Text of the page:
Trail time has arrived

Bob Bonnar, NLJ Publisher

Submitted photo

Organizers hope the scenic vistas of the Flying V Trails will encourage more Weston County residents to take up mountain biking and other forms of outdoor recreation.


In March, Gov. Mark Gordon signed a bill that created a $6 million outdoor recreation trust fund, and over the past two years, the state has also set aside more than $25 million in federal stimulus and state tourism dollars to fund outdoor recreation projects.


But work to enhance outdoor recreation opportunities in Weston County has already been underway for a decade, and some of that work is going to be showcased for the public on Saturday.


A group in Weston County anticipated the growth in outdoor recreation several years ago, and this weekend they are extending an open invitation to join them in celebrating one of Weston County’s newest treasures, while also honoring the visionary who saw the potential recreational and economic benefits that could come from the area’s rugged trails and spectacular vistas.


The third annual Cave Man Fun Run — held in memory of “Cave Man Forester” Bill Kohlbrand — will take place at the Flying V Trails on May 20. It will be held in conjunction with a Flying V Trails Day to show off 10 miles of trails and “two-track” that are accessible to new and beginning riders, adaptive riders and even strollers. This most recent area trails project was completed this past fall.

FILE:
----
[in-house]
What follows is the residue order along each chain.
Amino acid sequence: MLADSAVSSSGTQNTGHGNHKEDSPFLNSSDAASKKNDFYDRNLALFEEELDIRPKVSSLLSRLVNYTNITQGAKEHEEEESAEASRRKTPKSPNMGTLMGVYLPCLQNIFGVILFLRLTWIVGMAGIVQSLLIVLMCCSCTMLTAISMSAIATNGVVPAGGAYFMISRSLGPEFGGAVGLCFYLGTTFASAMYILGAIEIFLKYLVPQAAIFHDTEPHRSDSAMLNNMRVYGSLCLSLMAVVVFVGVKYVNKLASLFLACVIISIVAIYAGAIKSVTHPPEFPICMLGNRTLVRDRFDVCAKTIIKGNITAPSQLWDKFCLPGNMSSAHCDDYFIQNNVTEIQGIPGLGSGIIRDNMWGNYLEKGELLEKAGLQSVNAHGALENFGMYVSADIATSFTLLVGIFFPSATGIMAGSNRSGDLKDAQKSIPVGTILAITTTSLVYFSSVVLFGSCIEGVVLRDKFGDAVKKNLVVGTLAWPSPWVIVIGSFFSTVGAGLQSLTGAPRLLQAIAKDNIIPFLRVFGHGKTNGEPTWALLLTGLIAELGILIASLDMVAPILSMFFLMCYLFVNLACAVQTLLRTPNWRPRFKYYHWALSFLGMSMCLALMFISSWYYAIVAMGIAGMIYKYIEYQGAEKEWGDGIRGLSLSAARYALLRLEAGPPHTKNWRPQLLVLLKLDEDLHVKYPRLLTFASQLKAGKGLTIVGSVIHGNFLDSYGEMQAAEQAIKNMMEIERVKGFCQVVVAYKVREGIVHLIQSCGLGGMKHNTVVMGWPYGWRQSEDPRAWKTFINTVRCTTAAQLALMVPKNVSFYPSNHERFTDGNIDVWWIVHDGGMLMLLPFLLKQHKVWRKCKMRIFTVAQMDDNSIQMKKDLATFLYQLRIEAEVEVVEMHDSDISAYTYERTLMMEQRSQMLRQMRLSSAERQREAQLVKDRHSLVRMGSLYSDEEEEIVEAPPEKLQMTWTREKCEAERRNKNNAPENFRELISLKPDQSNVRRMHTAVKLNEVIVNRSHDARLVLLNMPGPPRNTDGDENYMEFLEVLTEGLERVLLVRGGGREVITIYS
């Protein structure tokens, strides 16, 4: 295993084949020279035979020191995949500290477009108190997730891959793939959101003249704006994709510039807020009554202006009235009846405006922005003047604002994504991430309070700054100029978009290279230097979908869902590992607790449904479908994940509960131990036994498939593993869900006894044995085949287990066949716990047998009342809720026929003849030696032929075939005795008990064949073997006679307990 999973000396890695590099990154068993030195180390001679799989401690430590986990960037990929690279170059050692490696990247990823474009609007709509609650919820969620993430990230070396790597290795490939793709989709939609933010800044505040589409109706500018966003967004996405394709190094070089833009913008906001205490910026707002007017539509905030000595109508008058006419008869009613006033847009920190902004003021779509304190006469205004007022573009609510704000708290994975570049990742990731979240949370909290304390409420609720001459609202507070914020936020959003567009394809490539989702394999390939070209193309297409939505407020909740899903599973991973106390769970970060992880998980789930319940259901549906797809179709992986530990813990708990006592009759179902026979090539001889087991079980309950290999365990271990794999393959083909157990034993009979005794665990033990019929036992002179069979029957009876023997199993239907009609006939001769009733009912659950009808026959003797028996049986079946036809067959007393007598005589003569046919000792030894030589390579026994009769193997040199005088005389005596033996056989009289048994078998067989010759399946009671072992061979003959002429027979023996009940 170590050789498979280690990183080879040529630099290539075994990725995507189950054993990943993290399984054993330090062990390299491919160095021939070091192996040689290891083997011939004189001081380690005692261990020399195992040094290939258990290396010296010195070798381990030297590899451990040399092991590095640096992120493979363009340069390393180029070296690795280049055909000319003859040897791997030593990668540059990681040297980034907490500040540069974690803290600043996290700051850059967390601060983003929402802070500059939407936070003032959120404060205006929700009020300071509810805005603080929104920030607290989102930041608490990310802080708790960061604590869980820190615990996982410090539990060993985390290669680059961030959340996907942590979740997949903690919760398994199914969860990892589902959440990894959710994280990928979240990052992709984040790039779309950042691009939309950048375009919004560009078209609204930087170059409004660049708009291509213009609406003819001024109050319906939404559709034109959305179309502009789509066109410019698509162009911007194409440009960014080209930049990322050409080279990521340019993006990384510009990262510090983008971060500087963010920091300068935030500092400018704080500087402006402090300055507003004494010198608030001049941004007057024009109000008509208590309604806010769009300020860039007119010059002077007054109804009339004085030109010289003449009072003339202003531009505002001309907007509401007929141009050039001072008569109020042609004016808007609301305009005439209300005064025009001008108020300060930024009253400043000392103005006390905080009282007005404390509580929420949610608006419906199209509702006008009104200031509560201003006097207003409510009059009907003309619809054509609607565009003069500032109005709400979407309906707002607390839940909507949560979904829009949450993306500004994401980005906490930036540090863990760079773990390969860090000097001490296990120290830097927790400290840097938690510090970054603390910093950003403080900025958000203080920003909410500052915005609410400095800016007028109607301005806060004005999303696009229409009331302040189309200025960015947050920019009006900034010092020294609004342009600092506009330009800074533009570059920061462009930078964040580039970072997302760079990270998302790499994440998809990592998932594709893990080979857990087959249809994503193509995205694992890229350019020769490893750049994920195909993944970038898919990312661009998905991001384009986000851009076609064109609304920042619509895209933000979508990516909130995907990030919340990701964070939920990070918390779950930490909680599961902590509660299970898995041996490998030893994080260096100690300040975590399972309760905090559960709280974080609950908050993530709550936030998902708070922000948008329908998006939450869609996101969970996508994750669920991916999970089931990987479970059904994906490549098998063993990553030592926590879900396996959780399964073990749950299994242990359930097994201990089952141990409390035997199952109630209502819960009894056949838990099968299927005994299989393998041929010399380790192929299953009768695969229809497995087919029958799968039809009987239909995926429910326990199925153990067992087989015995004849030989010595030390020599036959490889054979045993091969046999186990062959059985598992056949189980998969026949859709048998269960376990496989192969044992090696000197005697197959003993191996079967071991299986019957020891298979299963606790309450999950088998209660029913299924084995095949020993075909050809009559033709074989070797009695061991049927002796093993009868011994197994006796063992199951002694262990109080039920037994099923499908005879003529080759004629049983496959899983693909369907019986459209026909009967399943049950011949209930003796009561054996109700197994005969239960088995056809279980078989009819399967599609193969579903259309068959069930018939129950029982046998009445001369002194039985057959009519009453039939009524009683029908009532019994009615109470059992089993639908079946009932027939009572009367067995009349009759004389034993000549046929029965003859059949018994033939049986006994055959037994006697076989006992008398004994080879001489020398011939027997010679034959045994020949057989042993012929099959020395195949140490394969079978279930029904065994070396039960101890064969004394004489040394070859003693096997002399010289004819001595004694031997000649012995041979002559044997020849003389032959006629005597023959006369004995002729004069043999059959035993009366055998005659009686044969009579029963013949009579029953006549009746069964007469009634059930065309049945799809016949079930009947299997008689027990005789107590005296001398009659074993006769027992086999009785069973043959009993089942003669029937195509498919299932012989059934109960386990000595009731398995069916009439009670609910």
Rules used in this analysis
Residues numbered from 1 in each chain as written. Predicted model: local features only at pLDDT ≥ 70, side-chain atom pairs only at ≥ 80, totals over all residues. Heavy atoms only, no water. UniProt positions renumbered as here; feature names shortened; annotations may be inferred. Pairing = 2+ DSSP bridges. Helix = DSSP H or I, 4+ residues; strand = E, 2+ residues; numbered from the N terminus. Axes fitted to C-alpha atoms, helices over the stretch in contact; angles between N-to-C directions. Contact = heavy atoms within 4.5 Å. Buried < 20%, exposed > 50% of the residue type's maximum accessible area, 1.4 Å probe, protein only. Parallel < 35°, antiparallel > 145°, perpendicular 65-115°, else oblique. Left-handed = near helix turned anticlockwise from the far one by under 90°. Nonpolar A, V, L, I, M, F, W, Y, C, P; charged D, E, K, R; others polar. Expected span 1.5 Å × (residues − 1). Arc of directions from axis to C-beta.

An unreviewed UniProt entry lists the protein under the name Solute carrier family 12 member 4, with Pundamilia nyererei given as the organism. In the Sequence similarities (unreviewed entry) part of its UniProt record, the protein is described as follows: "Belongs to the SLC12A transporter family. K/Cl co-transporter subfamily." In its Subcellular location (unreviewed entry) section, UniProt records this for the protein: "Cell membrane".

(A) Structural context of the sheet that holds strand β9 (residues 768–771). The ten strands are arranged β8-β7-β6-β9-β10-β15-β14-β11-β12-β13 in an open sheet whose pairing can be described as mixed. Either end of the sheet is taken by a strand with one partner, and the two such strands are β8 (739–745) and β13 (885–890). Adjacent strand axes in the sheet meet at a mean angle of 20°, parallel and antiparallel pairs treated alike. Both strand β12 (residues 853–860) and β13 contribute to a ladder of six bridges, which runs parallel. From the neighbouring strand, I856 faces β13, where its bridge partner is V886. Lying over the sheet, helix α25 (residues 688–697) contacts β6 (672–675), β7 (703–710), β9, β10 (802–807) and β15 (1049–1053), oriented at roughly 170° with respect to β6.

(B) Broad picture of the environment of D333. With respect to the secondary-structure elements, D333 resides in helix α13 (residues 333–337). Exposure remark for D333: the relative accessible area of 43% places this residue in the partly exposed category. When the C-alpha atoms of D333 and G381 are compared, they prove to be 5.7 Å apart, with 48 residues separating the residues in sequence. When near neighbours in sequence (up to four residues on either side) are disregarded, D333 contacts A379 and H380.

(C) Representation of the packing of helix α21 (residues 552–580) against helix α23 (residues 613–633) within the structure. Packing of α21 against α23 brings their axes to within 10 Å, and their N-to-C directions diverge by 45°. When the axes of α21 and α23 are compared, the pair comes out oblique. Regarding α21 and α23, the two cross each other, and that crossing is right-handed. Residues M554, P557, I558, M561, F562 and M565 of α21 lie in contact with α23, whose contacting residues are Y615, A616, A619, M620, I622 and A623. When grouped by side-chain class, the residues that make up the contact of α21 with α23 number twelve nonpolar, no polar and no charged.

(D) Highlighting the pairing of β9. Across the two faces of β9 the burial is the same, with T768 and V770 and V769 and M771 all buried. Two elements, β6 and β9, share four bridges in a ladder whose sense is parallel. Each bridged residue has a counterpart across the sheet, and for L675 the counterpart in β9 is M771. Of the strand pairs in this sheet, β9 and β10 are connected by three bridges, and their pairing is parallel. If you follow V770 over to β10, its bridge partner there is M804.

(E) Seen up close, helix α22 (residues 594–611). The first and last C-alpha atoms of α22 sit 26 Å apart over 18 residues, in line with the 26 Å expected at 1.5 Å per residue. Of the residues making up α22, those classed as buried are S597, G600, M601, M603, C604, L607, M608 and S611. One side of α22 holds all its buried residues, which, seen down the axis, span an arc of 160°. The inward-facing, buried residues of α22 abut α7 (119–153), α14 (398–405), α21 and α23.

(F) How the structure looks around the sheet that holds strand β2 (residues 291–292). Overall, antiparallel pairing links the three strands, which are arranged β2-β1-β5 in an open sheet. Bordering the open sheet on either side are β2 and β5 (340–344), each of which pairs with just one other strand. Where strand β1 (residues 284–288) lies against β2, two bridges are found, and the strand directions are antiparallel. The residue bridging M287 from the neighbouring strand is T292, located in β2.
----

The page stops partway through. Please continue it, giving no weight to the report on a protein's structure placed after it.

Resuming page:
“Bill Kohlbrand and I started these trails almost nine years ago, so it is a re-opening, and we are inviting the community to come out and see these trails,” said Jeremy Dedic, one of the driving forces behind Bent Sprockets, a local club committed to “getting people outside by promoting, maintaining, and building new trails,” according to the organization’s website.


A year ago, the Bent Sprockets Club received a grant from the Wyoming Outdoor Recreation Office to widen the trails at the Flying V, and by last fall several of the trails had been expanded to a width of 40 inches to make them more accessible for new and beginning riders. The newly widened trails also make it possible for adaptive riders on hand-crank or power-assist bikes — or other adaptive equipment — to experience the scenic and challenging terrain.


Saturday’s event begins with the Fun Run at 8 a.m., which will offer three different distances — a 5K, 10K and 20K. A free lunch is being served beginning at 11:30 a.m., and a variety of bike and hiking tours will be offered to showcase the different features of the trail that afternoon.


“We just want people to come out and see the trails. We will have maps, and we have new trail junction signs up around the Flying V,” said Caleb Carter, another organizer of the trail showcase. “We’re going to lead bike tours if people want to do that, but you can also go out and choose your own adventure. I think we’ve got a nice mix of trails out there, and people can find whatever they’re looking for.”